The Moorea Coral Reef LTER plays a major role in the global effort to evaluate the effects of climate change on coral reef ecosystems because it provides an unrivalled record of how reefs are changing over time, and facilitates the experiments and observations necessary to understand causes of these changes. The MCR has documented dramatic changes in the reefs, largely a result of brief disturbance events. Critically, MCR scientists are finding that not all coral species are responding in the same way to these events (both in terms of which species die and which recover), and there are clear signs of ecological "winners" and "losers"; corals in the genus Porites - particularly those with massive growth forms - appear to be remarkably resistant to environmental assaults. Furthermore, the location in the reefscape where calcifying organisms grow may affect how they respond to environmental challenges.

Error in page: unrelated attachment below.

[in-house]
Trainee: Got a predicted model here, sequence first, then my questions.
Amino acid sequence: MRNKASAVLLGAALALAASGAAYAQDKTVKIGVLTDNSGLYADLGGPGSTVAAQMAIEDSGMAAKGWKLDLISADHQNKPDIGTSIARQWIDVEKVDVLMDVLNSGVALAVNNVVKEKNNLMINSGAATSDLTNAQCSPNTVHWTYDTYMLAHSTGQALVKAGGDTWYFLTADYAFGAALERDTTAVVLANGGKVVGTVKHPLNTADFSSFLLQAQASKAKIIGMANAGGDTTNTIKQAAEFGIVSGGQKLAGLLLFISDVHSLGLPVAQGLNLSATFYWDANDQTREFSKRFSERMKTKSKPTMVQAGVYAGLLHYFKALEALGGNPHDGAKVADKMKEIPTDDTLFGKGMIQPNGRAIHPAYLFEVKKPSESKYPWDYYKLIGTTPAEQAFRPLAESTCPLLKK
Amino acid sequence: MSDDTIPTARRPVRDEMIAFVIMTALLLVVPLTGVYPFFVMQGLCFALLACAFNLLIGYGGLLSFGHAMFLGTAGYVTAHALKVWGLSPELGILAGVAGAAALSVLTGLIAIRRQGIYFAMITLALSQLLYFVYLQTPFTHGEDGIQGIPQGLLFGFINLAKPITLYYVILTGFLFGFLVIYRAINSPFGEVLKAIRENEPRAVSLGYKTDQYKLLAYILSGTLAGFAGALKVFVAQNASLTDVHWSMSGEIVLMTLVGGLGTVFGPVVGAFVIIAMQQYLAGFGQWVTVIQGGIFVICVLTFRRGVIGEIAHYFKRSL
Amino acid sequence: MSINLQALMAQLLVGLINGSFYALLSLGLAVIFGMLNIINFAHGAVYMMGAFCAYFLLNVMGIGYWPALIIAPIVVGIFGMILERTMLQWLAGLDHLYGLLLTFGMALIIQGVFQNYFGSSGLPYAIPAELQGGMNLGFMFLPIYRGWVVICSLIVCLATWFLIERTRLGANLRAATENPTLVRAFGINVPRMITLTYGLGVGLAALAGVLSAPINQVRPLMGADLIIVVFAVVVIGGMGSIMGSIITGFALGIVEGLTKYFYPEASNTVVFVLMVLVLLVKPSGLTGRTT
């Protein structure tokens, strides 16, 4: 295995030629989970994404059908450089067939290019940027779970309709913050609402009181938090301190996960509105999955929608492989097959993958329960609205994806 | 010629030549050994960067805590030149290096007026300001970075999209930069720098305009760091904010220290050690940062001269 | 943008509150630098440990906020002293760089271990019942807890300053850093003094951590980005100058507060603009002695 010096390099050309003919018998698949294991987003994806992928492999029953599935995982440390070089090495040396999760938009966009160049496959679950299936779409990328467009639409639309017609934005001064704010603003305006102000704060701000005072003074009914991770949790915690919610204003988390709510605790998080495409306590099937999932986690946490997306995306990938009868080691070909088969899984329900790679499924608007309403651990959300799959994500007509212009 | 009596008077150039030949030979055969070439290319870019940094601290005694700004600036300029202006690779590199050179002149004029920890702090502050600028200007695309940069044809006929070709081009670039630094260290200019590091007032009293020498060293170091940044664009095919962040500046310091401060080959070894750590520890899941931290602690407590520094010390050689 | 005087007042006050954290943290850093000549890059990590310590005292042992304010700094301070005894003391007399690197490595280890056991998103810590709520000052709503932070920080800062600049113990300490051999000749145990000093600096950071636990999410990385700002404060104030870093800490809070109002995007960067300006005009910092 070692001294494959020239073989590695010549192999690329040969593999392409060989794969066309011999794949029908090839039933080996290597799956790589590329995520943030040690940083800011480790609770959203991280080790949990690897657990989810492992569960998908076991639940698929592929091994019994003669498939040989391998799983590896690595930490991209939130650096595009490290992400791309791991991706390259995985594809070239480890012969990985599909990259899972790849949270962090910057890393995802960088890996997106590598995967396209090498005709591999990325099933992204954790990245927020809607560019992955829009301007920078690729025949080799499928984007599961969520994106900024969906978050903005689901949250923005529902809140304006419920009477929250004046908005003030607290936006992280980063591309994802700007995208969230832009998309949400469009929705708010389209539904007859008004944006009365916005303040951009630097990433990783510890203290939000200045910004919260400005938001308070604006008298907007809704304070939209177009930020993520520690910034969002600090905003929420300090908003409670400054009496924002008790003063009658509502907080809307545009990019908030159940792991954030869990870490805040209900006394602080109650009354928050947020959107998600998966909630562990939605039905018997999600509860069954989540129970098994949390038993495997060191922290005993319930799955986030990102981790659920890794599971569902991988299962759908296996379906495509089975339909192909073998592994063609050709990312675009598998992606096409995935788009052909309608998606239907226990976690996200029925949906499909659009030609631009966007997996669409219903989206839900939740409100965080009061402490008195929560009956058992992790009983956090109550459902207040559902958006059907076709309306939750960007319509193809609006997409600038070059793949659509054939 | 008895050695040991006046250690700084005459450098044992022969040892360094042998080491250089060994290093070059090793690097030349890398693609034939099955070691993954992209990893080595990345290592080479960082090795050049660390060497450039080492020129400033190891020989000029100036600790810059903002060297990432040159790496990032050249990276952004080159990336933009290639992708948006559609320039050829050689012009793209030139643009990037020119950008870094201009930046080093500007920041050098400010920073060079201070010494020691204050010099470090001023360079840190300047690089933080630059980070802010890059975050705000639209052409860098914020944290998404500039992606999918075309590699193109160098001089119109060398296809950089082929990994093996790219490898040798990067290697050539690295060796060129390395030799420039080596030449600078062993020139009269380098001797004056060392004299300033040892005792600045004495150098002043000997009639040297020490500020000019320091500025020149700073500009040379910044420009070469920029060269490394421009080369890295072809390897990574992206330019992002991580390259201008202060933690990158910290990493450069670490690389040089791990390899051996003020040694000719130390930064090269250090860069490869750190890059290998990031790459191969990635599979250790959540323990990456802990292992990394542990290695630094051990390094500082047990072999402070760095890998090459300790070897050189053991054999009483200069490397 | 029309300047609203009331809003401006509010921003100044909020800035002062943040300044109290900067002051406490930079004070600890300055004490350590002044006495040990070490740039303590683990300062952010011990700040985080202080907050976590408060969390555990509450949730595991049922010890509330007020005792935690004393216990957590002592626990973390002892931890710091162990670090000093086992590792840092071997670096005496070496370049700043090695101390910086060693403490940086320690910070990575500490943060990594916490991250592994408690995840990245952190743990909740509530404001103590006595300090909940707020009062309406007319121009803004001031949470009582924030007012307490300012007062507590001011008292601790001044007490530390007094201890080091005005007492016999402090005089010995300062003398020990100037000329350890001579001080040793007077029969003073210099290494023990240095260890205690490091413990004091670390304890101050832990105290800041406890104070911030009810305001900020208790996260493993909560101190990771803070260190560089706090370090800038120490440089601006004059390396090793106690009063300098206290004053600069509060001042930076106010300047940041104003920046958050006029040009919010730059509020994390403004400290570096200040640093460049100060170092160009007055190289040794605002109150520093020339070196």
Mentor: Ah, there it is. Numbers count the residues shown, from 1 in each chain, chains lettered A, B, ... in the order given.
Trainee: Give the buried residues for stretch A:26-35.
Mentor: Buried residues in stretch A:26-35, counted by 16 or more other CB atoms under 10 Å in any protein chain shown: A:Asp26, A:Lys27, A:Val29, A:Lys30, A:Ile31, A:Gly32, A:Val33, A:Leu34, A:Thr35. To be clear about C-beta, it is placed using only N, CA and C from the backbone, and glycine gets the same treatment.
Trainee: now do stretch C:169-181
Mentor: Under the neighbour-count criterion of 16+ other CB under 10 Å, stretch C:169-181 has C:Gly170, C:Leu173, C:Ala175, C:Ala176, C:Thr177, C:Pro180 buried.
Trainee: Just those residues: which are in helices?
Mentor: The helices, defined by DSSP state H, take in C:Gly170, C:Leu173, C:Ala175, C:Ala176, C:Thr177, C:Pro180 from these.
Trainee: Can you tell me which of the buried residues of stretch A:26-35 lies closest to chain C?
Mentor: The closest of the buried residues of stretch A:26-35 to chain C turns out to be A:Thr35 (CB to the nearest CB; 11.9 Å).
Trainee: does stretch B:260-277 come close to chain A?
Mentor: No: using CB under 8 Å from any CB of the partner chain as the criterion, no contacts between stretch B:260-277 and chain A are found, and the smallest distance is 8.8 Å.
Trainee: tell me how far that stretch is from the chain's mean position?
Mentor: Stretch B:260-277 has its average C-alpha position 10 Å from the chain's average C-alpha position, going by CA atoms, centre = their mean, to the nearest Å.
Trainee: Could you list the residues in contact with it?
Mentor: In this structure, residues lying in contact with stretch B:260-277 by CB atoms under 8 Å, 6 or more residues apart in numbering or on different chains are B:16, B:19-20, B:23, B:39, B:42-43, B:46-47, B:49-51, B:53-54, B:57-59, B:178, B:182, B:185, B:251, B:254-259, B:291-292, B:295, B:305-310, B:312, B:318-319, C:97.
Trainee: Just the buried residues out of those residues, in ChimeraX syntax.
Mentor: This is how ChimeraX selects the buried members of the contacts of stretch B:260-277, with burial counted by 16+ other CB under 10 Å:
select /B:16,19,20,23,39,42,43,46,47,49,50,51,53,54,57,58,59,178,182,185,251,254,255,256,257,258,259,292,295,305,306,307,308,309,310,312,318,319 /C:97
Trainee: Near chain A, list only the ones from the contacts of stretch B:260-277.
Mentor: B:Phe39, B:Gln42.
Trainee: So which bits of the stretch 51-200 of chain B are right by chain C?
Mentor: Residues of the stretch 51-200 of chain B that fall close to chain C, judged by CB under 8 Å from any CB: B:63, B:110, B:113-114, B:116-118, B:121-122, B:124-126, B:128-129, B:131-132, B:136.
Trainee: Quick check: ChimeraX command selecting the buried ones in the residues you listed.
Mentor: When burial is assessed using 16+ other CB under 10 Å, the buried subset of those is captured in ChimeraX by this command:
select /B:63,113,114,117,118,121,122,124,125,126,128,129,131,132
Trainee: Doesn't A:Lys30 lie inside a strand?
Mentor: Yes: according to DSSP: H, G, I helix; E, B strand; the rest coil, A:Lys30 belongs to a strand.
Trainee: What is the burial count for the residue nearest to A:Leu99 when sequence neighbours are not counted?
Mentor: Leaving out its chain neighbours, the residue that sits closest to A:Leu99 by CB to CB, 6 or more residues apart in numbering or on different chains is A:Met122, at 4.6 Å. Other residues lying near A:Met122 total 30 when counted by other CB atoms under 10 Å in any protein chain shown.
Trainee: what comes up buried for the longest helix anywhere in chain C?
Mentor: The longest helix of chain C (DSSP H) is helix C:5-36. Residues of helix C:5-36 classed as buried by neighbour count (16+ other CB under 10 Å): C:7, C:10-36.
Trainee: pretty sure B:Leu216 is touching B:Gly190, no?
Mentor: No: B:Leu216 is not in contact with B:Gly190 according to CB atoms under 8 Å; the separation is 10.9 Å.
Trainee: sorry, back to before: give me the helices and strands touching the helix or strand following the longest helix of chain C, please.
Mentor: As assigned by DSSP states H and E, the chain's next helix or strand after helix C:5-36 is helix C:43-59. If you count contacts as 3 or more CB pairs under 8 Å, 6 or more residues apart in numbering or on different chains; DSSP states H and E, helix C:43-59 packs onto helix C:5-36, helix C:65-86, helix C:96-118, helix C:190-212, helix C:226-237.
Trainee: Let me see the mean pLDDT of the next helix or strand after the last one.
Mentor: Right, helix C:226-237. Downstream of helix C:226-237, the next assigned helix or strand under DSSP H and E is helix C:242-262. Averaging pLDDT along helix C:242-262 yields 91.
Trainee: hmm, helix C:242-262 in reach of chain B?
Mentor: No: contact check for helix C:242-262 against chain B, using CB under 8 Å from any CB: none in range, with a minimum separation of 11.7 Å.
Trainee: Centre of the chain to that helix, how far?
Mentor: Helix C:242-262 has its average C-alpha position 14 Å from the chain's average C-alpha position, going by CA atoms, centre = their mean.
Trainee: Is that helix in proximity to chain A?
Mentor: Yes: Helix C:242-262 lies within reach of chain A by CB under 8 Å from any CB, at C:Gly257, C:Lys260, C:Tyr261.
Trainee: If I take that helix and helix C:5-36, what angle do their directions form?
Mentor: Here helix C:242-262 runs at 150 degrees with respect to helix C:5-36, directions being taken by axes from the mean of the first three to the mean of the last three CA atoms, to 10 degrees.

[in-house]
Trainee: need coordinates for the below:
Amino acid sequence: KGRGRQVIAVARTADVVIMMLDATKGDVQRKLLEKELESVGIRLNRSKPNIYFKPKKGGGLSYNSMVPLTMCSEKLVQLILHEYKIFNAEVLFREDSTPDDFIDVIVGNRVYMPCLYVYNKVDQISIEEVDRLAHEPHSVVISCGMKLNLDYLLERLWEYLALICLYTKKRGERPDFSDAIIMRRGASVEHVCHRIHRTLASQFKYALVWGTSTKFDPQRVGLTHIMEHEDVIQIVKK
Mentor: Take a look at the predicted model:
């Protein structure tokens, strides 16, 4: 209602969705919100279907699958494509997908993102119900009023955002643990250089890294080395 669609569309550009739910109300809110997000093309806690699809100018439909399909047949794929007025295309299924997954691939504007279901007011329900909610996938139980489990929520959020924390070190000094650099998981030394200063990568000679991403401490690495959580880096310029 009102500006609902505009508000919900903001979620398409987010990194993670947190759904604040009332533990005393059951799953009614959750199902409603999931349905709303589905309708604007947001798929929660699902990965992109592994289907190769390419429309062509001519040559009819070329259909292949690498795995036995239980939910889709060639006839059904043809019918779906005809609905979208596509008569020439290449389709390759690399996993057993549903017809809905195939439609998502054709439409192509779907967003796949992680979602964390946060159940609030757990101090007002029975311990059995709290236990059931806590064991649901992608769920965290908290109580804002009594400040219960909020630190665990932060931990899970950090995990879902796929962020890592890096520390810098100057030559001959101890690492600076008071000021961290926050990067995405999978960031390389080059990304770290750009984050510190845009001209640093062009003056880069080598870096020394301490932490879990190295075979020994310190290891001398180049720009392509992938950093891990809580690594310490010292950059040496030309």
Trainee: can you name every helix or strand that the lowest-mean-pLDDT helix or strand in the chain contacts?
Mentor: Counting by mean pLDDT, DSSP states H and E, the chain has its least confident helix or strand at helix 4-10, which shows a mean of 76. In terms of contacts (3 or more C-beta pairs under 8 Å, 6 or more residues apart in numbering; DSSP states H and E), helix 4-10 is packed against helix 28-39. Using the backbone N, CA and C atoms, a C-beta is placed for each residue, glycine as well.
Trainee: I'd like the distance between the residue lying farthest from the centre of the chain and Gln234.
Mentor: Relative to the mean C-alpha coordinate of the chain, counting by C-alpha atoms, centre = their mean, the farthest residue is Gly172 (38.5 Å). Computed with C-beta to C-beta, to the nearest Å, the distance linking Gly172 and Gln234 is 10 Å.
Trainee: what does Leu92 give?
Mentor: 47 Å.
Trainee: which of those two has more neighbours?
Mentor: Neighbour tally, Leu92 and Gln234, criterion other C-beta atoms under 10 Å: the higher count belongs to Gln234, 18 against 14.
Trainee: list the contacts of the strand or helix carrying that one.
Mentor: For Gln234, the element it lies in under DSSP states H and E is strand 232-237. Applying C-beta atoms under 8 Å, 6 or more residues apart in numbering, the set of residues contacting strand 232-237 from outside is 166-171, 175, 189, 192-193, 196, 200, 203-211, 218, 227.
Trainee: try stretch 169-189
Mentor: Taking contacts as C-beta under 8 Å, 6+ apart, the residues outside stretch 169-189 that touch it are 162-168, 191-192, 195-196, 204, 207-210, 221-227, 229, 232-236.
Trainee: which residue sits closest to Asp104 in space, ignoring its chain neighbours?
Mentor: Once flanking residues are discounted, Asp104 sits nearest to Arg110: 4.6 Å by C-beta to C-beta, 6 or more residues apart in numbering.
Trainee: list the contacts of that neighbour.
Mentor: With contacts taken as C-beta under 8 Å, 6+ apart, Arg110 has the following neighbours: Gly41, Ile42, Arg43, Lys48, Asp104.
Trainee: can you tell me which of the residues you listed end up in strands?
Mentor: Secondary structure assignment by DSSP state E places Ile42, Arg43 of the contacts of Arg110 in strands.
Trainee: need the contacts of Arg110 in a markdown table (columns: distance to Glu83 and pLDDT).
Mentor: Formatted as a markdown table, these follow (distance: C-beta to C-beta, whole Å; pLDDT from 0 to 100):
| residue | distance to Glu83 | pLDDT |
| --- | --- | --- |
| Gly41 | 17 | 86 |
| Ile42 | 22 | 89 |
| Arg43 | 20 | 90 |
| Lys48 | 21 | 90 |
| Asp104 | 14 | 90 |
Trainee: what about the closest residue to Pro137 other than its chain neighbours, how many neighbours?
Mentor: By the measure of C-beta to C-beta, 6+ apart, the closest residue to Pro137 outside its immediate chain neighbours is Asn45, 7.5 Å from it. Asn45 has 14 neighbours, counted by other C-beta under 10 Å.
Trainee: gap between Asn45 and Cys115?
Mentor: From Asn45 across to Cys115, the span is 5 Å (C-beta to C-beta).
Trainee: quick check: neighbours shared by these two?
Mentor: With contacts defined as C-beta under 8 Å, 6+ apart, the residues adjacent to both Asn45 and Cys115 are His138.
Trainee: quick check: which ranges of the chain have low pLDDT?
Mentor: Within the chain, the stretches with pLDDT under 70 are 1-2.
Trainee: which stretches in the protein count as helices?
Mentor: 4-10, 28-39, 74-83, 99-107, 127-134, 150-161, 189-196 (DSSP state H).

Observations of winners and losers among the components of the reefs of Moorea have motivated a program to explore mechanisms of resistance to environmental stress, and our initial efforts are focusing on the effects of ocean acidification. MCR scientists have fabricated in Moorea a state-of-the-art system for growing corals, algae and other calcified organisms under different concentrations of carbon dioxide, thereby creating one of the most sophisticated systems of its kind in any tropical location. MCR scintists already have found that corals and calcified algae differ in striking ways in their response to high levels of carbon dioxide. Massive species of Porites are, indeed, clear winners compared to their close relative, Porites rus , and thus massive forms of Porites are more likely to dominate on the reefs of the future. The response of an important crustose coralline alga (Hydrolithon onkodes) to elevated and variable levels of carbon dioxide in seawater depends on where they were growing on the reef. The kinds of studies MCR is conducting demonstrate that responses to changing environments by reef organisms will be diverse, and show which resistant species will build the reefs of tomorrow.